There is a well-known episode of the comedy show ‘The Office’ in which David Brent argues that postage stamps are legal tender. It’s an argument that comes up in many a pub discussion, so what’s the truth?
To begin with, we have to deal with the term ‘legal tender’ as it does not mean what most people think! In fact, it’s a little-used term that really belongs only in the courtroom, and not in everyday life.
If you are paying a debt, and you present payment in Sterling – either notes or coins up to a certain value (more of that in a minute) the debt cannot be refused. That is what legal tender refers to. It has nothing to do with simple, ordinary transactions such as buying goods in a shop.
You also have to offer the exact amount for it to be a legal tender transaction. All notes issued by the Royal Mint in Sterling are legal tender, and all coins too, but smaller denomination coins are only legal tender up to a certain amount!
For example, the 50p coin is legal tender for any amount up to £10, but not over. So, if your debt is £11, you can’t make a legal tender transaction solely in 50p coins . Likewise, all the copper coins are legal tender up to 20p, and no more. Why do you need to know this? In truth, you don’t, as it is very unlikely that it will ever trouble you.
What you do need to know – for pub arguments – is that Scottish bank notes are not legal tender. In fact, no bank notes are legal tender in Scotland, even those issued by the Royal Mint. But what does it mean? We’ll come back to stamps in a moment, we promise!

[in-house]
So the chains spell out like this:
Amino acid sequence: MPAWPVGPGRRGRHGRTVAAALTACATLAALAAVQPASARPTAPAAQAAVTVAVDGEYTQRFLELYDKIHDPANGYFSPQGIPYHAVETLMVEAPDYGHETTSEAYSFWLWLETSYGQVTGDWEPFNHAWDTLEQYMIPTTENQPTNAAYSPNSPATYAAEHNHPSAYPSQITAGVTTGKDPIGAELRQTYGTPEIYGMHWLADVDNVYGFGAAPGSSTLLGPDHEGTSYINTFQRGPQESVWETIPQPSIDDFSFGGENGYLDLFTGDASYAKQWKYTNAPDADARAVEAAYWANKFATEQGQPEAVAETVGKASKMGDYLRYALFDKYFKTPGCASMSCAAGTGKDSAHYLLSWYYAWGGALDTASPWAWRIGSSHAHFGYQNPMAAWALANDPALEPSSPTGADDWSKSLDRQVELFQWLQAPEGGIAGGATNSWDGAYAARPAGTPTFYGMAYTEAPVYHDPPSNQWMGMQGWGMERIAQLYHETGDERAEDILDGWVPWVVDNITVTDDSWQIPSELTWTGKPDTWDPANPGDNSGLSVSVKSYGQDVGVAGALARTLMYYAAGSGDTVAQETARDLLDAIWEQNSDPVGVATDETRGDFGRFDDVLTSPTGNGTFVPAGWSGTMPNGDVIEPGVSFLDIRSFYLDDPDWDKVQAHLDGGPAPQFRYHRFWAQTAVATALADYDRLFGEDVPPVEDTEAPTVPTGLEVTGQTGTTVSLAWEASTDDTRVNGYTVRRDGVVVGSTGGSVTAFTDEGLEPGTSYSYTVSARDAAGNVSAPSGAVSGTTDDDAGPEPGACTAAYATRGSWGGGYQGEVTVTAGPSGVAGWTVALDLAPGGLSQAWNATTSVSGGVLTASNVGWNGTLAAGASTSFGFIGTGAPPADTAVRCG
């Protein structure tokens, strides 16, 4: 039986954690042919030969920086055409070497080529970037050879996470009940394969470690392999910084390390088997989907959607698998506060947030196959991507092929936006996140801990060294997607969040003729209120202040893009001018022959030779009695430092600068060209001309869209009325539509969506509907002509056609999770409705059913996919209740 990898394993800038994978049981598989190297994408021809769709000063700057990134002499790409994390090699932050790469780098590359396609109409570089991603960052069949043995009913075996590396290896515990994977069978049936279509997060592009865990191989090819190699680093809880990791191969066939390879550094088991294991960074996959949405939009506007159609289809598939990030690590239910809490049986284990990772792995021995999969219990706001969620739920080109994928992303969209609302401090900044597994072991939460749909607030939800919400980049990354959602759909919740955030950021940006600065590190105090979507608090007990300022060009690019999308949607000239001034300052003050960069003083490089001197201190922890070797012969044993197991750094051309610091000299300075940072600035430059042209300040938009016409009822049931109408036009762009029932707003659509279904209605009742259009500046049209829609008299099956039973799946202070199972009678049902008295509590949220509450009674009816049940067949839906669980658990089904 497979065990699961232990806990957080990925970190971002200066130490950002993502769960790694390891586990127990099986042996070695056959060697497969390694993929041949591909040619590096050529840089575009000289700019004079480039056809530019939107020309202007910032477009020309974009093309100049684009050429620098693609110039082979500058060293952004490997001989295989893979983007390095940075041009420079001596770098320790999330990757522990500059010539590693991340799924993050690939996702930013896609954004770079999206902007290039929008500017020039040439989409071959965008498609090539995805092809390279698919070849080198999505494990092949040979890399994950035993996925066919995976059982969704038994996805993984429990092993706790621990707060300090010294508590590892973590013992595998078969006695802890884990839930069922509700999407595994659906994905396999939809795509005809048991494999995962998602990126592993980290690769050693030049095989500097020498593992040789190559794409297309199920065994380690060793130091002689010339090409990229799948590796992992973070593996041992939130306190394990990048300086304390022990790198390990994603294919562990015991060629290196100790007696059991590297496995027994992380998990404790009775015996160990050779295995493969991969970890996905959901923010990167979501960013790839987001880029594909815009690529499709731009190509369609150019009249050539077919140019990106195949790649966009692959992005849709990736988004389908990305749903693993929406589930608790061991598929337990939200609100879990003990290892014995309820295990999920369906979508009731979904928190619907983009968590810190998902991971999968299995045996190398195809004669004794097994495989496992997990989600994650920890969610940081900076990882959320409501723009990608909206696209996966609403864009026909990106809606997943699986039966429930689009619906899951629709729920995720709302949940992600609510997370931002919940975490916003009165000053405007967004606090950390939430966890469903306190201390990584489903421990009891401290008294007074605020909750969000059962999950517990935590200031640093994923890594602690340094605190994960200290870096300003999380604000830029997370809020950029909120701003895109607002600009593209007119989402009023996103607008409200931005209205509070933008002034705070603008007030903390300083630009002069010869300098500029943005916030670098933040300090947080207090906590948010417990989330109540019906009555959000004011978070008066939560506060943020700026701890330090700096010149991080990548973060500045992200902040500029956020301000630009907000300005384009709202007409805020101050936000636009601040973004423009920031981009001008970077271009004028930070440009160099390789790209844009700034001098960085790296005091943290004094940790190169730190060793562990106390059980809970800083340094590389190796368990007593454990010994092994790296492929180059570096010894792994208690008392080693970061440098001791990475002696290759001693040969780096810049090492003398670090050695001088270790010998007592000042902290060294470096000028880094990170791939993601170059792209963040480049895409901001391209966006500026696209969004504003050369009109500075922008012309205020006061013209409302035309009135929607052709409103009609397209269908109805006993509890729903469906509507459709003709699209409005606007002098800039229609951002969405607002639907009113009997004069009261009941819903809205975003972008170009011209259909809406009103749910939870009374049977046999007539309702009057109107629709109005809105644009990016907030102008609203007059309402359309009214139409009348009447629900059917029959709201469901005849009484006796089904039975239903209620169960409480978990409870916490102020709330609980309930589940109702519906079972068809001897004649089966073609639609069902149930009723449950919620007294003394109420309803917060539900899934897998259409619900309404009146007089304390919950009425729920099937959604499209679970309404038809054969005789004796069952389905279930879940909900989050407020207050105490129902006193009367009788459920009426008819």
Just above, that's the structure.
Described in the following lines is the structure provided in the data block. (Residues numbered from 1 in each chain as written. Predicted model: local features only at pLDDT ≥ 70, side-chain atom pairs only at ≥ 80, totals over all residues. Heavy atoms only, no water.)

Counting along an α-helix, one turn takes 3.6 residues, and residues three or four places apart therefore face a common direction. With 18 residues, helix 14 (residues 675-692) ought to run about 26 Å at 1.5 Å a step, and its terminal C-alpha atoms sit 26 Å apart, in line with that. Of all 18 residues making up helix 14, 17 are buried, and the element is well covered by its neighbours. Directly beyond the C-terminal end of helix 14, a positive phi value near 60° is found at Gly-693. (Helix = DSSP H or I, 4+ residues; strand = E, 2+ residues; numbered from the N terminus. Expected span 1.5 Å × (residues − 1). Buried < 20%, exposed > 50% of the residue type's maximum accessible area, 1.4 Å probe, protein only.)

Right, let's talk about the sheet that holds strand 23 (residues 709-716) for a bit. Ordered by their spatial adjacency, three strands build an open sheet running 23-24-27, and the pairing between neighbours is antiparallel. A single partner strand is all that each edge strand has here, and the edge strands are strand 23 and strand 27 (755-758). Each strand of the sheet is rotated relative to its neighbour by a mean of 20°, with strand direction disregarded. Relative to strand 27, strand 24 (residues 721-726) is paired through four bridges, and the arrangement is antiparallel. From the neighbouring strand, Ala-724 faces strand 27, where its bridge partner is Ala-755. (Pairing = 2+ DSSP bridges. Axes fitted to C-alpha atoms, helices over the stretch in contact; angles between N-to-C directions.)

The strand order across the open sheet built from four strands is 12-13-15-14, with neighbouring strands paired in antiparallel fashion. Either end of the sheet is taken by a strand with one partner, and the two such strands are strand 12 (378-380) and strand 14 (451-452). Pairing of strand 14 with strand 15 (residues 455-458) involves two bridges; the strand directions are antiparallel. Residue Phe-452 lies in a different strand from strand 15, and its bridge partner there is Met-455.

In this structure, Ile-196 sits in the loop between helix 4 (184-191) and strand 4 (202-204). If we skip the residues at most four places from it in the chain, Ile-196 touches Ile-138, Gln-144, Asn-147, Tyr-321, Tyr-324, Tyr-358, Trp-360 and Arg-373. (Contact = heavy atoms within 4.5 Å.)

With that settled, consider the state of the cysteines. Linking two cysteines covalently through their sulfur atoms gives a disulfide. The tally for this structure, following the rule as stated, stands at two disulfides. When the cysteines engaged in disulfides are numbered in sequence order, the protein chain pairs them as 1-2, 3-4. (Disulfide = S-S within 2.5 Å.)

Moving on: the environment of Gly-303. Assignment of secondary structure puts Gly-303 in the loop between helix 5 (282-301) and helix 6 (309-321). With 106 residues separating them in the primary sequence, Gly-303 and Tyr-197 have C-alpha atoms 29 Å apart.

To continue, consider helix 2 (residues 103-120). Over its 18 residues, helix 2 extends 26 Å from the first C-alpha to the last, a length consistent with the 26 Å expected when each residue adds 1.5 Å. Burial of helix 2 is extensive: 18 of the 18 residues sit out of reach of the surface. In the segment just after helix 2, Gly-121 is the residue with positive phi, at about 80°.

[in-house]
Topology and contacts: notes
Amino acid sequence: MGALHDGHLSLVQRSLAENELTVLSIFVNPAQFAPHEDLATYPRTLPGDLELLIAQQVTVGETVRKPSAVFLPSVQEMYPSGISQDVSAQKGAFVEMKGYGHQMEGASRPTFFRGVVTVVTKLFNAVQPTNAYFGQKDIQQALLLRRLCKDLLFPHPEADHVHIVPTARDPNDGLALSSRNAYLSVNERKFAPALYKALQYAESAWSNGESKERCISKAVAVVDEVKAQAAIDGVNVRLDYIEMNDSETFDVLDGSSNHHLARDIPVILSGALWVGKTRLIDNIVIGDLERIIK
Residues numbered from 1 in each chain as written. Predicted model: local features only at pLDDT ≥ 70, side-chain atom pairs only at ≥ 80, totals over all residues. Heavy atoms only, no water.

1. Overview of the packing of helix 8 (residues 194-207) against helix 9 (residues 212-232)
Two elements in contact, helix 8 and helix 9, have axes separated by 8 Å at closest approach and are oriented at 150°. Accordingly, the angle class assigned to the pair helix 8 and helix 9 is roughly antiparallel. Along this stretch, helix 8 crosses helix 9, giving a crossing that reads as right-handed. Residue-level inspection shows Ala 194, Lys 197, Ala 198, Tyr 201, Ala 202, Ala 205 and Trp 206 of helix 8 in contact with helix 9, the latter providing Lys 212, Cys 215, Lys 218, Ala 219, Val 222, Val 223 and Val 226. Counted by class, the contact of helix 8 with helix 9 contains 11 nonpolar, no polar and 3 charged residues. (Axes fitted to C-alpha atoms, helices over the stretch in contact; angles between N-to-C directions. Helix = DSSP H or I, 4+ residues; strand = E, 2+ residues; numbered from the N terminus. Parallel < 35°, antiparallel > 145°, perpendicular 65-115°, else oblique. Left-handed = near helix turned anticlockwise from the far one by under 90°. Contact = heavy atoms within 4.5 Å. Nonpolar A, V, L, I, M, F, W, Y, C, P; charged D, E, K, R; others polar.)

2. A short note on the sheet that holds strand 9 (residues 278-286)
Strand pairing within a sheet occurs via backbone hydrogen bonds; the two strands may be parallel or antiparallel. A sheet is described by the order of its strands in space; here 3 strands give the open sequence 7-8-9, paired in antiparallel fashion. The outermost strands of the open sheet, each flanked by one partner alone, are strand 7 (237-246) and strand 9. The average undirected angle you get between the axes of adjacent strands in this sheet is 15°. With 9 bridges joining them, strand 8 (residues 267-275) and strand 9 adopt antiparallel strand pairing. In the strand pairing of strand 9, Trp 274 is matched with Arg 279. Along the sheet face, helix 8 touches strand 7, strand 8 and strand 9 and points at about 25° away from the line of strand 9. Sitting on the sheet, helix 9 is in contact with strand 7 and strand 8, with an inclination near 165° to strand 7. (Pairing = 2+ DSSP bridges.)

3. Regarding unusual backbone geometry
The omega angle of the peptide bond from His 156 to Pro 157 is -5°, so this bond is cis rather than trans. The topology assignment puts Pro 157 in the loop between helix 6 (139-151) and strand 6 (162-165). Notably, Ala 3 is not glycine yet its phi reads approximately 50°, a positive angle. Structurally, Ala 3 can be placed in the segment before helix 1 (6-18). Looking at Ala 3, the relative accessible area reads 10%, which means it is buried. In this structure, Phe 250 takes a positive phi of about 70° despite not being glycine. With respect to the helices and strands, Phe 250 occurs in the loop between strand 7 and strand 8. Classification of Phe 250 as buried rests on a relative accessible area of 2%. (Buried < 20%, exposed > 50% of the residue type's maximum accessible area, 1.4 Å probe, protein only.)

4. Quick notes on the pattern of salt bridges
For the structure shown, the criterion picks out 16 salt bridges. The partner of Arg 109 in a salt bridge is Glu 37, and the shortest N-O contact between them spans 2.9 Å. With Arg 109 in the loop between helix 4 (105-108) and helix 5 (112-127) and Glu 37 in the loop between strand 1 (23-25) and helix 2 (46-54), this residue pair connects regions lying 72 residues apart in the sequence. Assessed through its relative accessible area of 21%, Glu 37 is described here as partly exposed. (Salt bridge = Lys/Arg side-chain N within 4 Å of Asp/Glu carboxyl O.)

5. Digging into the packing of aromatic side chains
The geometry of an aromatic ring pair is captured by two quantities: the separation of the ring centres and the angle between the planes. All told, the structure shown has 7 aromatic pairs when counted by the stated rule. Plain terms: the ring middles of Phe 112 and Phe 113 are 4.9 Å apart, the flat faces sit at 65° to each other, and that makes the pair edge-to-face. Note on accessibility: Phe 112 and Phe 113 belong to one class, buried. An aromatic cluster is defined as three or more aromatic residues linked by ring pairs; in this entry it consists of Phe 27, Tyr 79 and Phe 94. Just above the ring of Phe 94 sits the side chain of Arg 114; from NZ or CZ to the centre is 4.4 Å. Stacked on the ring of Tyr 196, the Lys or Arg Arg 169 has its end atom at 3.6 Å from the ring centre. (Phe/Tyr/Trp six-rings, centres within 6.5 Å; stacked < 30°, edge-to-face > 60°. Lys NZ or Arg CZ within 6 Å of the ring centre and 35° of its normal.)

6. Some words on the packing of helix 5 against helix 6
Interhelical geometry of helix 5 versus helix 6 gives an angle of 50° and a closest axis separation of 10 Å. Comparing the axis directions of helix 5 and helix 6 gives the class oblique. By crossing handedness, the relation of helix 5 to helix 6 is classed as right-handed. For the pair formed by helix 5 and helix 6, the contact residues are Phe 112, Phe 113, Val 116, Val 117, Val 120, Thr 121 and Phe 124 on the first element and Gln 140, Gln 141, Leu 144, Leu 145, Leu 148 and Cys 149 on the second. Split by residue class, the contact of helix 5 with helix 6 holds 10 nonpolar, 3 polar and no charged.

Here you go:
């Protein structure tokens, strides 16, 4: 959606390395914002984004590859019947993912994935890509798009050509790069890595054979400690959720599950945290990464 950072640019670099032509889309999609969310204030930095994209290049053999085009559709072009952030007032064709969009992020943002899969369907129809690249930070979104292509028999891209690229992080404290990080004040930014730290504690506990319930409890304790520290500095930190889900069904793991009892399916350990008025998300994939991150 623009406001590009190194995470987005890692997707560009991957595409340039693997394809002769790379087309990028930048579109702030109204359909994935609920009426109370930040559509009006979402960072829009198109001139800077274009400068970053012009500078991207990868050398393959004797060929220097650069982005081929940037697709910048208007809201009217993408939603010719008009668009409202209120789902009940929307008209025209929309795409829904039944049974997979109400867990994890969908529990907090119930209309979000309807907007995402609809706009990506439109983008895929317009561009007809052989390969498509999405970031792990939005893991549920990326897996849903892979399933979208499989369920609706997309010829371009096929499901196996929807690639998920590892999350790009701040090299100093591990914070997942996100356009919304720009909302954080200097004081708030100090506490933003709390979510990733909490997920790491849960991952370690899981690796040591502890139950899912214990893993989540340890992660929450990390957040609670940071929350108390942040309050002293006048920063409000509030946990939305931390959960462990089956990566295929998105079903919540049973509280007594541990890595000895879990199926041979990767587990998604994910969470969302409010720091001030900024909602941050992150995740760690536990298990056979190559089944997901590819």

Retailers and Legal Tender
Let’s start by laying down a rule: no retailer is obliged to accept your payment, whether it is exact or otherwise. That applies even if you are paying with notes or coins that are legal tender. Another confusing fact here is that an advertised price does not have to be adhered to by law. Many retailers will honour a mistake, but they are within their legal right not to sell you the item.
A brief lesson in retail law: a price marked on an item is not strictly an advert. It is what is known in law as an ‘invitation to treat’. You then take the item to the till and offer the money: you, not the retailer, is making the offer.
The retailer can then either accept the offer or reject it – there is no legal obligation for them to take your offer.
So, if an item is marked up at the wrong price, there is no legal obligation for the retailer to accept your offer of that price. You could then take them to court for ‘false advertising’ but if they can prove it a mistake, they have done nothing wrong.
Before we talk about stamps, it’s important to remember that fact: no retailer is legally obliged to sell you anything, or to accept your offer.
So, About Stamps!
We find the subject of legal tender so interesting we forgot about stamps! The answer is no, stamps are not legal tender. Only notes and coins issued by the Royal Mint are legal tender. However, stamps do have a value.
Therefore, you can use them to settle transactions. But we’re back to square one, and that binding law: no retailer is obliged to accept your offer – which in this case would be stamps to the value of the item in question.
It would be a curious way to pay for an item in any case, but in theory, you can pay for items with stamps. One last thing: don’t get confused between legal tender – which we have described above – and legal currency.
The latter is any currency that can legally be spent in the UK – including Scottish and Northern Ireland bank notes. So, next time someone tries to clever about legal tender with you, show them this article!